I'm not sure that I understand. Do you mean to say that even an animal that is relaxed and unaware of your presence or the release of the arrow is still going to react and avoid/deflect the shot?
I've shot quite a few cedars and doug fir. They fly fine but are too light to get the kind of penetration i'm looking for. They've also broken under the same conditions these dowels have endured.
I also have to respectfully disagree with you on the foam. Just my personal experience, but the density of a foam target is designed to stop a broadhead, etc. Flesh doesn't have that same function. A scapula or vertebrae, yes. But not muscle and organs. A good broadhead with a heavy arrow flying true to the mark will punch through a deer, hog, bear's vitals like a warm bag of jello. (Just my experience)
So i guess, if they're heavy, straight, durable, quiet, and fly true, why are they so terrible? I've done far more with far less in functional quality and performance.
The initial thread was about 2219's. Looking at what these far heavier shafts have done out of this bow, I'm still confident I can gete them hitting hard and straight. Difference is of course that they have a much beefier spine. So I have to tweak them a bit.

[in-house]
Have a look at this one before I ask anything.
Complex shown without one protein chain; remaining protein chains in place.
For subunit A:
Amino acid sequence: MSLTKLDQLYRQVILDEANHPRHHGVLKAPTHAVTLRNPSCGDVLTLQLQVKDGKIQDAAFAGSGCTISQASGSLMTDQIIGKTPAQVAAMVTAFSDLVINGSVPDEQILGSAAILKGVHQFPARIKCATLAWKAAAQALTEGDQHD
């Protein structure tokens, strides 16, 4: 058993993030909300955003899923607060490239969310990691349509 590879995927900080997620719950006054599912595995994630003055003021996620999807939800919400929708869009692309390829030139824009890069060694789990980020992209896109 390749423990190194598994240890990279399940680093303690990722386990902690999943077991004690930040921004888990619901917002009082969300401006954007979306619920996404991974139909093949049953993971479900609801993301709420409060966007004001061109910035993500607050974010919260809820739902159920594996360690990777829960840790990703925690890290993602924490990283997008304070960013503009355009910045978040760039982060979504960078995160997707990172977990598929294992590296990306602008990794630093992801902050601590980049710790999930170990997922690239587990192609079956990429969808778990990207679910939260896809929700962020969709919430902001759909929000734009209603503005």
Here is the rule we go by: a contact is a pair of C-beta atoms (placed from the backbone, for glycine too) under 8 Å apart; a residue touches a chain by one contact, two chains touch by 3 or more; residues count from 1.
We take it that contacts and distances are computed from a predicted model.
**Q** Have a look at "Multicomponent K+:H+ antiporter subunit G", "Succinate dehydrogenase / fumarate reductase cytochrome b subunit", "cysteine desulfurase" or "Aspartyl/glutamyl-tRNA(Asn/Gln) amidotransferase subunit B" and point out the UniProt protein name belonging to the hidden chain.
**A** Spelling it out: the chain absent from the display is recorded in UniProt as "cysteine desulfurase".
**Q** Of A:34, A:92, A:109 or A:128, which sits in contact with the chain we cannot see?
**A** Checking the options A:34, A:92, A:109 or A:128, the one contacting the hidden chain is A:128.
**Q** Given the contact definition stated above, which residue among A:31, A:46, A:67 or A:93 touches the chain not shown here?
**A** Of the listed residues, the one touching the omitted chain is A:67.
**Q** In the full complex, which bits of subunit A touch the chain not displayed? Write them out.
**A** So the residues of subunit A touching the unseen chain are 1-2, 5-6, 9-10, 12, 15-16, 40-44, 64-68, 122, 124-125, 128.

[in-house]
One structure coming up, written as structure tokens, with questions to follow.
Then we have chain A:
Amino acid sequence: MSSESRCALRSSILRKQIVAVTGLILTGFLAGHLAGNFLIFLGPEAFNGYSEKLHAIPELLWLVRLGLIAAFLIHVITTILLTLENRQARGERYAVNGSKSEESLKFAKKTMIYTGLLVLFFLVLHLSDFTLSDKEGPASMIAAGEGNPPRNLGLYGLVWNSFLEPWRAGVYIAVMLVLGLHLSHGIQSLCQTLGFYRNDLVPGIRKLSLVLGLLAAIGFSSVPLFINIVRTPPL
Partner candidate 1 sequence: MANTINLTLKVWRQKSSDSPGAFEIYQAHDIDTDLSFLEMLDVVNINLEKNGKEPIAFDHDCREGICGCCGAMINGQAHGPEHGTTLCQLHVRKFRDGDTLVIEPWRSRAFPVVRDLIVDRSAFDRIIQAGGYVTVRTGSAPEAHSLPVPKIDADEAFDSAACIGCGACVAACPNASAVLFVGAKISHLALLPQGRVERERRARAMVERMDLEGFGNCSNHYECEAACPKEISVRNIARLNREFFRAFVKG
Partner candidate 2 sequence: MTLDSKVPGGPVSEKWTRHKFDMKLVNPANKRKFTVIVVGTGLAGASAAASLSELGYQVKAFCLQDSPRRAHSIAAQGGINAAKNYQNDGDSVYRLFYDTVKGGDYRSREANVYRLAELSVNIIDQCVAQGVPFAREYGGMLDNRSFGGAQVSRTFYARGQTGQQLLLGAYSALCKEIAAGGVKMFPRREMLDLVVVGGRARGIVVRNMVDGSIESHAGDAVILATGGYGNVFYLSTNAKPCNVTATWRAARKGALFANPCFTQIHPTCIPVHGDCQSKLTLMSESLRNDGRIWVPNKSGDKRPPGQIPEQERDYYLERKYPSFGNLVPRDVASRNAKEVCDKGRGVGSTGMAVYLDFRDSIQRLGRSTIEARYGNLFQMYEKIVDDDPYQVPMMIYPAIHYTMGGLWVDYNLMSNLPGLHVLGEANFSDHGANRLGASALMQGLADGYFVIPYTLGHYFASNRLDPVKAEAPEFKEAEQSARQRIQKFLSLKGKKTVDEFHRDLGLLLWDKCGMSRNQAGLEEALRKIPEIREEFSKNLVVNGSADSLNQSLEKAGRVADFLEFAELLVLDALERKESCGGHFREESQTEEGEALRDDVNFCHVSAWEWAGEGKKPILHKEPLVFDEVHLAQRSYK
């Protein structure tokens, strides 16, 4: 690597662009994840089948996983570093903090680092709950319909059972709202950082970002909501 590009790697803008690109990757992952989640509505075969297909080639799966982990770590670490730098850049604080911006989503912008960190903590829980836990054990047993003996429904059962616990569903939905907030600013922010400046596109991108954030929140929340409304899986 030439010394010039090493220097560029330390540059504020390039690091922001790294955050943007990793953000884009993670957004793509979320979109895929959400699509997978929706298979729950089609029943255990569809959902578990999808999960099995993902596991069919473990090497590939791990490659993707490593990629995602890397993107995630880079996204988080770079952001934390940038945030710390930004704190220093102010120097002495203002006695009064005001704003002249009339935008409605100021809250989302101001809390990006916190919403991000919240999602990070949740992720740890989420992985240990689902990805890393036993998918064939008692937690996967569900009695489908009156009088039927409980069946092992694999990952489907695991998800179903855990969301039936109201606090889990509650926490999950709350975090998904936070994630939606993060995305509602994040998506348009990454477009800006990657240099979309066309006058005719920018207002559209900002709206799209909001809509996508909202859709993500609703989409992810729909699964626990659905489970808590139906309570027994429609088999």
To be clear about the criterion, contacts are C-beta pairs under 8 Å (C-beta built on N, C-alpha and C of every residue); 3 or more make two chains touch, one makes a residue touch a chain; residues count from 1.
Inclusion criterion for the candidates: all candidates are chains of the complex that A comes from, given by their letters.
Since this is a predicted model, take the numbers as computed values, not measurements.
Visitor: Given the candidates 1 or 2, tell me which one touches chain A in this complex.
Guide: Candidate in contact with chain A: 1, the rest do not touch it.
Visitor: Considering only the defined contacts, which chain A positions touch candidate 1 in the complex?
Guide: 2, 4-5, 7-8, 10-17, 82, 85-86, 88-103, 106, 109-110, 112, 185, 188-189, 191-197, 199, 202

I was taught a long time ago by a hunter and ballistics expert (who's forgotten more than i'' ever know) that the two are not mutually inclusive. In other words, how it is on paper and behind the desk is not always the case when you're in the woods and putting it into practice.
Either way, I'm looking forward to posting some success photos with both the 2219's and junk dowels!
Posts: 67 | From: nj | Registered: Nov 2012
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Try YouTube and check twisted arrow productions urban hog assault for a good example. A very fast arrow and a sighted bow and still a high shot at 20 yards. Also check bow hunting October whitetails by the Wensels..
Posts: 913 | From: Boonville,Indiana | Registered: Feb 2005
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